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Great Heath


Photo: Sheep laurel - dwarf shrub bog at Great Heath

Vital Statistics

  • Size: 5,681 acres
  • Regulated: 0 acres
  • Non-Regulated: 5,681 acres
  • Upland: 1,156 acres
  • Forested Wetland (NWI): 1,075 acres
  • Non-Forested Wetland: 3,439 acres
  • Open Water: 20 acres
  • Roads: trails-4 miles
  • Biophysical Region: Eastern Interior
  • BPL Region: East
Map showing location of Great Heath Ecoreserve

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Exemplary Natural Communities

Scientific Name Common Name State Rank Global Rank
Domed Bog Ecosystem Domed Bog Ecosystem S3 GNR
Sheep Laurel - Dwarf Shrub Bog Dwarf Shrub Bog S4 G5
Huckleberry - Crowberry Bog Maritime Huckleberry Bog S3 G3G5
Bluejoint Meadow Tall Grass Meadow S3 G4G5

Rare Plants

Scientific Name Common Name State Rank Global Rank State Status
Galium labradoricum Bog bedstraw S2 G5 SC
Piptatherum canadense Canada Mountain-ricegrass S2 G5 SC
Polemonium vanbruntiae Jacob's ladder S1 G3G4 E
Photo: Image of Dragon's Mouth Orchid and Huckleberry in flower

Rare Animals

There are no documented occurrences of rare animals within this Ecoreserve. For more information on rare animals in Maine, visit the Maine Department of Inland Fisheries and Wildlife.


At over 7,000 acres, the Great Heath is the largest peatland in the Downeast region, and it is one of the largest multiple-unit peatlands in all of Maine. It extends on both sides of the Pleasant River as it meanders through the confluence of the Taylor and Ingersoll branches in Columbia and T18 MD BPP. The Great Heath has been studied by several researchers, most notably Davis and Anderson in 1982.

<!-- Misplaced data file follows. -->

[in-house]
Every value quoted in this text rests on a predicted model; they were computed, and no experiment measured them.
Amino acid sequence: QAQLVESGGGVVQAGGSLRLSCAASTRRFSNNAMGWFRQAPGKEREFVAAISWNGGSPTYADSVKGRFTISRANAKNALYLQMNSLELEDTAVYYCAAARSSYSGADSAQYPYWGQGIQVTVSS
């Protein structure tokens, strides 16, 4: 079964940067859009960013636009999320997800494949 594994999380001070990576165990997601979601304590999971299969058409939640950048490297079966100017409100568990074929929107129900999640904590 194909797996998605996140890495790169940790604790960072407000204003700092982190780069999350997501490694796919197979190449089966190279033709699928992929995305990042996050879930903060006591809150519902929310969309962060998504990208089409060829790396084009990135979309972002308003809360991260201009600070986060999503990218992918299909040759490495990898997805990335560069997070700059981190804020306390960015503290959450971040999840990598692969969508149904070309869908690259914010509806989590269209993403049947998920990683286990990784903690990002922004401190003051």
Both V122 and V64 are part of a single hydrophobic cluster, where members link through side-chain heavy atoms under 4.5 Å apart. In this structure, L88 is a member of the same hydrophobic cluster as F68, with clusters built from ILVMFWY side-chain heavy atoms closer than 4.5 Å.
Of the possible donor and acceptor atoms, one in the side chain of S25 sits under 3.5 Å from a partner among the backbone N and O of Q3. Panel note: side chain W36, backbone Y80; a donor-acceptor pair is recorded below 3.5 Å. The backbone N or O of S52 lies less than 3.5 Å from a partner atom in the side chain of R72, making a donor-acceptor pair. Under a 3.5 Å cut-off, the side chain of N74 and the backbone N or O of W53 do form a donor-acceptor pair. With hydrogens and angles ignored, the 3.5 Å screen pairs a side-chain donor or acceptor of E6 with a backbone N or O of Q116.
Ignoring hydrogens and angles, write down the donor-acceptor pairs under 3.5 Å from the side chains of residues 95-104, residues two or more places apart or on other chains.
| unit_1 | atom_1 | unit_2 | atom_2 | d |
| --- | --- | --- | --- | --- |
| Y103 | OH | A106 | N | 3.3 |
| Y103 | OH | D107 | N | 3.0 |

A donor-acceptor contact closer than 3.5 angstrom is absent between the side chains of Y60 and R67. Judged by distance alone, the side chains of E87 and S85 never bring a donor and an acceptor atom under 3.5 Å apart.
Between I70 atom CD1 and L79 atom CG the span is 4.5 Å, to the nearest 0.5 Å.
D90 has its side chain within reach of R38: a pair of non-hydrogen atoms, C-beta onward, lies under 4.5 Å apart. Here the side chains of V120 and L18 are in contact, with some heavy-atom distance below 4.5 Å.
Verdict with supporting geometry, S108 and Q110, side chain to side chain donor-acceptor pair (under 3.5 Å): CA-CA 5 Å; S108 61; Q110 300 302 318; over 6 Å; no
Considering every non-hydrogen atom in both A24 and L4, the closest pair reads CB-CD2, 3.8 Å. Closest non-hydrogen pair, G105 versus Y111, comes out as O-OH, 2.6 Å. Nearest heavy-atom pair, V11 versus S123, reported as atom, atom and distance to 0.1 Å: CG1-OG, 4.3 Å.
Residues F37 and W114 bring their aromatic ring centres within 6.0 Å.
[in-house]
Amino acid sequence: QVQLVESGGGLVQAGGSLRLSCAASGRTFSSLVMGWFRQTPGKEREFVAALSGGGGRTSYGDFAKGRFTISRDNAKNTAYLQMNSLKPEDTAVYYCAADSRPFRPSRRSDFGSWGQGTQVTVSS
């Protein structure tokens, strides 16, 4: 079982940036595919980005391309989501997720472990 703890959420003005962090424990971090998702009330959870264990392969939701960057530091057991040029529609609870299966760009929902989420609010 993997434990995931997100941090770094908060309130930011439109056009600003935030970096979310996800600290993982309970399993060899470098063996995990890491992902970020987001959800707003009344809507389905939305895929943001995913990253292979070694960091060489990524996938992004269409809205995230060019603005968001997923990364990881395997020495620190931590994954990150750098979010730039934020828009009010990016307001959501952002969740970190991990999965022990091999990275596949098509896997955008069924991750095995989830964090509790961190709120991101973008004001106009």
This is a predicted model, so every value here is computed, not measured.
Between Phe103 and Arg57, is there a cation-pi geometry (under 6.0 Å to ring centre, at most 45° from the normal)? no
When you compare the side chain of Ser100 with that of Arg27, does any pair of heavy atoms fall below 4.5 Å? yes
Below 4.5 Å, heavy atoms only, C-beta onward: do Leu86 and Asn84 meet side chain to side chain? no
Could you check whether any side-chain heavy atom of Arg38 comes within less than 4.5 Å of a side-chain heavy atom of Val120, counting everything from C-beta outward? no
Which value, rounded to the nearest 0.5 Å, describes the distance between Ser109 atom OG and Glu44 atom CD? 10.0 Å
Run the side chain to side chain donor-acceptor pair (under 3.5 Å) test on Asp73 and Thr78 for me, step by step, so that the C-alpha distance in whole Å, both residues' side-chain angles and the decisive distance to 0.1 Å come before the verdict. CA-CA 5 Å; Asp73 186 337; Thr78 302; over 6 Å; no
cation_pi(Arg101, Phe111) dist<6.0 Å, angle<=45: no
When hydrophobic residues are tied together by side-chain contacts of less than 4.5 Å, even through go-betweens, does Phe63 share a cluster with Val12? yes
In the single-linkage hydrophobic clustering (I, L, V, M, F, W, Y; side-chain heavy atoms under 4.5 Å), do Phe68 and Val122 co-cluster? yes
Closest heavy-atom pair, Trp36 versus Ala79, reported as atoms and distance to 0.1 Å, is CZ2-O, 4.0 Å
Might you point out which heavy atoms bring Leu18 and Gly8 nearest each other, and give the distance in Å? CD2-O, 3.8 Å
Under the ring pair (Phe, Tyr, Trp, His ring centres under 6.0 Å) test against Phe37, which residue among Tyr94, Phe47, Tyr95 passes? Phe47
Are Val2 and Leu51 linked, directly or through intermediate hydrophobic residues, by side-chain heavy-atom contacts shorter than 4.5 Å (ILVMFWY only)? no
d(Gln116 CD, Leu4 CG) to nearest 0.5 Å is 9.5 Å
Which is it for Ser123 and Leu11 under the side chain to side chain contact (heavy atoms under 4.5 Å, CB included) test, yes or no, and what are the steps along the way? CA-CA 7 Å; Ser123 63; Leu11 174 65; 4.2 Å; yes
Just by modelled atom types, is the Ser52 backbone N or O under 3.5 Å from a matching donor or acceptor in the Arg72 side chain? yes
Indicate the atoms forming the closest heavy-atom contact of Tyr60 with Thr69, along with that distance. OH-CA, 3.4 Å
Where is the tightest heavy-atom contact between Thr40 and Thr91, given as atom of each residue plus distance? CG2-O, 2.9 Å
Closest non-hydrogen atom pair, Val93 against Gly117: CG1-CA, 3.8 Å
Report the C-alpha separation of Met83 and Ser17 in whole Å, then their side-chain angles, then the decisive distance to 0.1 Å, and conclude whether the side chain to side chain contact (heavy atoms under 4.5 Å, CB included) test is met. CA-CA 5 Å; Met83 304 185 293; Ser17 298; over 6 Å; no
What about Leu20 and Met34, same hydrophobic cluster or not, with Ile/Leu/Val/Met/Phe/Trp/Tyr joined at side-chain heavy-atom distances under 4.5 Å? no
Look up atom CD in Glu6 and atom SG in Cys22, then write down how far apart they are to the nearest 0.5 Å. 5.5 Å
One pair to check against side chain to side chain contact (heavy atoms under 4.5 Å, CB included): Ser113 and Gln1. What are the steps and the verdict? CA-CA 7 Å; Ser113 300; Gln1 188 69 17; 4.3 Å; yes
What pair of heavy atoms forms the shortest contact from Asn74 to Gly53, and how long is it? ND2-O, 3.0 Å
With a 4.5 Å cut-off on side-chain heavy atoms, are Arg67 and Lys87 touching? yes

Photo: Cow moose at Great Heath

Huge and diverse, this multiple-unit peatland is noteworthy for its variety of peatland types. It encompasses an unpatterned stream drainage fen, an unpatterned open basin fen, and a level bog. Morphologically, the peatland is composed of seven coalesced areas, each consisting of two or more raised units. Some of these raised units are visibly domed and exhibit concentric patterns. There are also scattered secondary pools.

The large raised portion is intermediate between coastal plateau bogs and inland raised bogs. Plants characteristic of coastal peatlands include lichen lawns, deer-hair sedge (Trichophorum cespitosum) communities, abundant black crowberry (Empetrum nigrum) and dwarf huckleberry (Gaylussacia dumosa var. bigeloviana), as well as scattered dragon's mouth (Arethusa bulbosa) and baked appleberry (Rubus chamaemorus).

Photo: Hummocks in bog at Great Heath

The geologic features surrounding the peatland complex are also outstanding. The west side of the peatland is bordered by an esker. The Pineo Ridge, a terminal moraine of a late-glacial origin, borders the south side of the peatland and grades into a glaciomarine delta. These glacial features likely played a role in the peatland's formation.


  • Calijouw, C. 1982. The Great Heath: A Natural Areas Description, Bureau of Public Lands, Augusta, Maine. 43 pp.
  Photo: Area of ecoreserve vegetation survey plot at Great Heath   Photo: Ecologists determining location of ecoreserve vegetation survey transect line at Great Heath   Photo: Ecologists surveying vegetation data along transect line at Great Heath   Photo: Ecologists surveying vegetation data along transect line at Great Heath   Photo: Ecologist pointing towards the general direction that a vegetation survey transect line will follow at Great Heath